By Phil Barker
As an advocate for No to Violence (NTV), a rewarding part of the gig is meeting the staff and understanding the inroads they make through their hard work with men who use family violence.
It was my privilege to speak at the NTV Annual General Meeting last week. This gave me the chance to spend a couple of days at NTV HQ in Melbourne, getting to know the board more members of the team as they recognised a very effective year working together to end men’s family violence.
The work being done across the city every day to keep women and children safe is essential. The day to day work on the ground is intense, emotionally difficult and demanding. The people talking to men on the phones, working with men in family courts, referring men to behaviour change programs, and everyone else in a support or policy role at NTV, are exposed to shocking real-life stories and events.
Emma Brooks is a Senior Family Violence Counsellor for NTV. She has worked on the phones with men who have used family violence, or their partners, every day for three years. (Emma has since taken up another position in the sector, at Orange Door).
When asked if she maintained hope that men could change in the face of everything she’s seen and heard, Emma’s response was moving.
“It can be very difficult to hear a man be dismissive, with no insight at all into what he’s done, and know he’s still using his kids as a source of manipulation and power in the relationship. I find that hard,” she said.
“But when you can hear them take a moment to think about the impact of their violence on their children, for example, then you know you’ve started the process of change, of men beginning to think clearly about their actions.
It was wonderful to hear she’s still hopeful. “I know people can change. In the end, this is important work and you have to be hopeful, despite knowing what we see is the tip of the iceberg. There’s so much work still to be done.”
As well as Emma, it was my privilege to meet Nick Joseph, a Family Violence Male Respondent Case Manager for NTV at the Neighbourhood Justice Centre (NJC) in Melbourne’s Collingwood.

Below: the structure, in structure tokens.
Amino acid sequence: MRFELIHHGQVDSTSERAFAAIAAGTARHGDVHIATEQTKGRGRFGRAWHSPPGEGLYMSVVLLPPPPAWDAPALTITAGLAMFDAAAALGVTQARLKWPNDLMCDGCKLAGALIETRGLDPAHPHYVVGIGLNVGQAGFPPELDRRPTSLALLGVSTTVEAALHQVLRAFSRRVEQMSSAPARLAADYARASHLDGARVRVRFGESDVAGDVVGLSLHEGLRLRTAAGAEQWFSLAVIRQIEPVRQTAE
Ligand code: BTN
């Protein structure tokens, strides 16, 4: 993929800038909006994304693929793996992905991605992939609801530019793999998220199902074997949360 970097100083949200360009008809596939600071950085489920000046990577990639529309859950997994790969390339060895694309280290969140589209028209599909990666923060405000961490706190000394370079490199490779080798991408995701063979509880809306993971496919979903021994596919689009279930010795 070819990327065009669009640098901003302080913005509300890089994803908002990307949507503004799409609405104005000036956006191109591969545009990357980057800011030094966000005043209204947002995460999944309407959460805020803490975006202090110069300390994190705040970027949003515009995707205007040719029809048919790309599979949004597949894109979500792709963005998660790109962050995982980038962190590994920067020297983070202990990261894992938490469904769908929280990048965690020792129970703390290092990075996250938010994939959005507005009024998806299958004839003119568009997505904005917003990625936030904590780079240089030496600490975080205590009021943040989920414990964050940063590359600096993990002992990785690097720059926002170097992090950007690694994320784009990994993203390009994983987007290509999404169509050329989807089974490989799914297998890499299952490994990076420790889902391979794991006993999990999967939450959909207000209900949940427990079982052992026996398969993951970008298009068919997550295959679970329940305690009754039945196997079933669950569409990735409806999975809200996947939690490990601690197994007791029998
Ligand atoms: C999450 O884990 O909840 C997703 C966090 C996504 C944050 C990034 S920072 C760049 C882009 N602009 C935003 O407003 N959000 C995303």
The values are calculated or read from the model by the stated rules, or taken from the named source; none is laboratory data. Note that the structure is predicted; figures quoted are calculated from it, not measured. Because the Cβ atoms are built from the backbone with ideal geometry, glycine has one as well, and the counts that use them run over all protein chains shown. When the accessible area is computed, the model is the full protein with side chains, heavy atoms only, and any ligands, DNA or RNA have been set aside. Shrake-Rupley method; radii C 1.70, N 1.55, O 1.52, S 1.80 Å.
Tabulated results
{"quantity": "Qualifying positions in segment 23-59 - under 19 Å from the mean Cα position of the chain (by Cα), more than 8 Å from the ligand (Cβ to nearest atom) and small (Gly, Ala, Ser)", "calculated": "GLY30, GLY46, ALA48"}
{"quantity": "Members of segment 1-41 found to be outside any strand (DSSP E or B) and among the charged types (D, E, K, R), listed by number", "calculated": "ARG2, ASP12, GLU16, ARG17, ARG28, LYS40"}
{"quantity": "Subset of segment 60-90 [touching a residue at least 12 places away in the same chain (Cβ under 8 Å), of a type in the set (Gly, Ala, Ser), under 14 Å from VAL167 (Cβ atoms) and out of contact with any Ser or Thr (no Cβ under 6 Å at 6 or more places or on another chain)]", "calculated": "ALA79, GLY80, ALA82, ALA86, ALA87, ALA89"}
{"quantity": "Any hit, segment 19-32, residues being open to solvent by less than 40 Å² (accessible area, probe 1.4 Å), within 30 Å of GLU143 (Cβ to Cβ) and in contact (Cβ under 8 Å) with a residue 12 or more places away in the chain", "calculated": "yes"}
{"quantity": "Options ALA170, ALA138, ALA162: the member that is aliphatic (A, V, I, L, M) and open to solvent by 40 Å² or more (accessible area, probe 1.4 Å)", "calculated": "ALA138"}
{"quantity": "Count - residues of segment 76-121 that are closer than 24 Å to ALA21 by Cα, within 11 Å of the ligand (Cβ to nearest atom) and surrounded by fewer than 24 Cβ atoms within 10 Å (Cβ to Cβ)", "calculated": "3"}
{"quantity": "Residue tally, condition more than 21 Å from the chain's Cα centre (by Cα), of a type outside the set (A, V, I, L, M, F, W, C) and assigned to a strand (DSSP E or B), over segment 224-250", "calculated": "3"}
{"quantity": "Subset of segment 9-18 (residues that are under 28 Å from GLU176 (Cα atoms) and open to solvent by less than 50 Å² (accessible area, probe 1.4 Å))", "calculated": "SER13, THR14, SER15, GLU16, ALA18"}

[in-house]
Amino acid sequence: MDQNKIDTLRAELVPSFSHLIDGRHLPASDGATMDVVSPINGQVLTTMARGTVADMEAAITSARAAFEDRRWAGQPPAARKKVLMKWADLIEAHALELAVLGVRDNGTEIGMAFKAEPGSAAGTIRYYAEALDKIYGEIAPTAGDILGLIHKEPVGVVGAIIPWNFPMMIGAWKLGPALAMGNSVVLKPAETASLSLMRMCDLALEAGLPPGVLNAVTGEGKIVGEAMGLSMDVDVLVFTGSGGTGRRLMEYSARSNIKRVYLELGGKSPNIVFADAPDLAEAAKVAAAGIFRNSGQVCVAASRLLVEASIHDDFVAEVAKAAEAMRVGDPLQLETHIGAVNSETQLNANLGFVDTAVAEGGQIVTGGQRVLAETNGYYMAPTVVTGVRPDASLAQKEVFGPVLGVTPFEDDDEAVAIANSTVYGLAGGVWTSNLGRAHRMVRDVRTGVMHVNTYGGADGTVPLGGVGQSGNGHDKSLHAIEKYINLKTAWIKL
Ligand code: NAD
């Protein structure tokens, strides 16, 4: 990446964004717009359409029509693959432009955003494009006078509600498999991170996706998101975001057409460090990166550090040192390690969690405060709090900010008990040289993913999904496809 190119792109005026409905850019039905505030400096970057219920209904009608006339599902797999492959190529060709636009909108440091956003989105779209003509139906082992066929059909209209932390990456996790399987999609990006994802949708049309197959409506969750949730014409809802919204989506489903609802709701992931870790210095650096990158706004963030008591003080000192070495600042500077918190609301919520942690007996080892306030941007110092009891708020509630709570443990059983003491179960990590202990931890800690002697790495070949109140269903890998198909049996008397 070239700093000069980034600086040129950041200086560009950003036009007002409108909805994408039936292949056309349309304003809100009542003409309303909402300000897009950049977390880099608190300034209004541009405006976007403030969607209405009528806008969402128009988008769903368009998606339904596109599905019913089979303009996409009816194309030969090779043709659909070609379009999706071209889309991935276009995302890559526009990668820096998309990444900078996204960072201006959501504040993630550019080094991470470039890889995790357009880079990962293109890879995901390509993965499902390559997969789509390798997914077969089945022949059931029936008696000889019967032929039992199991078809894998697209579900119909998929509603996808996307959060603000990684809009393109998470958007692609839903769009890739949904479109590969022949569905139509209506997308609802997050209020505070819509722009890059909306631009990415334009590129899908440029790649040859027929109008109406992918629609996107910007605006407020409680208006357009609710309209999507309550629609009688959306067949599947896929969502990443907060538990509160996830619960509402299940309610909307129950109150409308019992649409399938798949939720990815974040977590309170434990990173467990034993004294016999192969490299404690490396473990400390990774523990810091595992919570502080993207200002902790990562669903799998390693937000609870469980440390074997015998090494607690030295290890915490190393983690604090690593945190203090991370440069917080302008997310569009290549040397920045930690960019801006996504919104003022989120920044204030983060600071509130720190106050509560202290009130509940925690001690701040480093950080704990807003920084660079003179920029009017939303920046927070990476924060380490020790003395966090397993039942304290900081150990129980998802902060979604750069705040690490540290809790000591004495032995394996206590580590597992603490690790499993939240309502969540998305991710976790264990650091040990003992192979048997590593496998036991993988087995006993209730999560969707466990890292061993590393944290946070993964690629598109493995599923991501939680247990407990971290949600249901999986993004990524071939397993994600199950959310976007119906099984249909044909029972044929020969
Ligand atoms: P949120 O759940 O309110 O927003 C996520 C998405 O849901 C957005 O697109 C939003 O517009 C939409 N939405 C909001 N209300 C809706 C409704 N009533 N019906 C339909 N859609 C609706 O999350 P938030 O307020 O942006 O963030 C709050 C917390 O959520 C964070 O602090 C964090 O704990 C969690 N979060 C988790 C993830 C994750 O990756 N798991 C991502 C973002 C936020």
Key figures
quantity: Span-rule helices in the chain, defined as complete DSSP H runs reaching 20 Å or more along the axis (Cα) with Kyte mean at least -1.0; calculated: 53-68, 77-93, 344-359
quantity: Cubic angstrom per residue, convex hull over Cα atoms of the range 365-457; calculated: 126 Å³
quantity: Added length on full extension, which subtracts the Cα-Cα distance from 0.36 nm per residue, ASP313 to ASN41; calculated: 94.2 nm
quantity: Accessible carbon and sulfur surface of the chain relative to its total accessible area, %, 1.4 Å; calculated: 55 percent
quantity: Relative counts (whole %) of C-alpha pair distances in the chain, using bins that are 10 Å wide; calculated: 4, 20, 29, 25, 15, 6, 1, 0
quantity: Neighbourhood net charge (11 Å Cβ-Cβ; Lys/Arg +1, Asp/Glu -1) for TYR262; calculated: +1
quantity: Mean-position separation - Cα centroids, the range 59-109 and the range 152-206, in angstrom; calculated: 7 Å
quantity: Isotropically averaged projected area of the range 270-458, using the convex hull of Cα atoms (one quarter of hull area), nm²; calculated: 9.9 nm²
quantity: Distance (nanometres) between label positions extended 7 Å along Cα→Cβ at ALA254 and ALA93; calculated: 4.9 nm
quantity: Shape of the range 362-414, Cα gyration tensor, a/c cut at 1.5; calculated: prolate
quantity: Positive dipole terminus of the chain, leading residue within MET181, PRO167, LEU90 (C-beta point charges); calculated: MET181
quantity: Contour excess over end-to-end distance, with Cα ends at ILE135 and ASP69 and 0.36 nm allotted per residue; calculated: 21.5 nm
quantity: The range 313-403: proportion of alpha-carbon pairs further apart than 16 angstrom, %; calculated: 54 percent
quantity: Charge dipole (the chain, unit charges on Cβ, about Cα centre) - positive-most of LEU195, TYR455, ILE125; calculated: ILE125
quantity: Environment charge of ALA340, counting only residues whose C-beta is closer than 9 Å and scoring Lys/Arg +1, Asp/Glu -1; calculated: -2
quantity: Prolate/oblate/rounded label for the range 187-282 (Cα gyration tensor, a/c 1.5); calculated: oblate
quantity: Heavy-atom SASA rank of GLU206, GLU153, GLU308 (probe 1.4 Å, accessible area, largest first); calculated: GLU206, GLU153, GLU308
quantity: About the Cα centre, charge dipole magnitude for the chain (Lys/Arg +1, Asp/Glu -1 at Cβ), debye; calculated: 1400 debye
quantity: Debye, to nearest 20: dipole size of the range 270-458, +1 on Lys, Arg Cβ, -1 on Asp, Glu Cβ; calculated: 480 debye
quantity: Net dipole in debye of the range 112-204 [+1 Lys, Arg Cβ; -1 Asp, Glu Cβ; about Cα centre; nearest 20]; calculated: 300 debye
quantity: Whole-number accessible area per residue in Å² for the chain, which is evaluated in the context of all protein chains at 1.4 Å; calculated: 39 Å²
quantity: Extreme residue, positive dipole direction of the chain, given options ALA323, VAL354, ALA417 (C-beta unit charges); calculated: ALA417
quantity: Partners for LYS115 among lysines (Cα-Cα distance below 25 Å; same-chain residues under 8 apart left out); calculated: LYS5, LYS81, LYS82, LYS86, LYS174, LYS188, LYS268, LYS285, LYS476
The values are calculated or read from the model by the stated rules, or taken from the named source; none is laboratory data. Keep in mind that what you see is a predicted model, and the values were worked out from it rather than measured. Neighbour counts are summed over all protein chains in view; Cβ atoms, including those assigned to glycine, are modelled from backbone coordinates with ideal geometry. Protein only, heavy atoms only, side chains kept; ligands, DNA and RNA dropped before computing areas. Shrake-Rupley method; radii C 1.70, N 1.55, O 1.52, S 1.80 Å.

The NJC, Australia’s first such centre, and one of a network of 50 best-practice centres around the world, is a one-stop community justice centre with a court, a wide range of support services for legal aid, mental health, addiction, housing and financial difficulty, homelessness and men’s behaviour change.
The NJC engages with the local community to “increase the….capacity to prevent and manage the impacts of crime and other harmful behaviour, providing dispute resolution and restorative justice practices, and enhancing offender accountability and thereby reducing recidivism”
Nick’s work focuses on supporting men through their day in family court, helping them understand what is happening, and referring them to whatever behaviour change, counselling or other services they may need and may involve de-escalation and risk assessment.
Like Emma, Nick is ultimately hopeful about his work with men.
“Men want to change,” he says. “Sometimes, they just don’t know how to go about it.”
Nick points to the need for more resources, intense risk assessments and care plans, so men can take better responsibility for their recovery.
These approaches are working.
The data shows a decline in crime rates, recidivism and higher levels of offender accountability. An evaluation shows that since the introduction of the NJC, the Yarra area has observed declining crime rates, which are greater when compared other area of Victoria.
Judges also understand the value of having support for men during their day in court.
In the Attorney General’s opening address at the Federal Circuit Court of Australia plenary, Christian Porter mentioned the support provided by an NTV worker in the family court in Melbourne.
A Melbourne Judge interviewed also commented on the positive impact of having a dedicated men’s worker in court, saying it “immediately changes the tone of the (court) room.”
Following the AGM and my visit to Melbourne, the tireless NTV staff returned to the office, the phones, the courts, writing policy and fundraising. Like Emma Brooks and Nick Joseph, they do it because, while the work is difficult and demanding, it is ultimately hopeful. They know they’re making a difference, one step at the time.
They know men can change.
If you need help addressing your use of family violence, call the Men’s Referral Service on 1300 766 491. Lines open 24/7.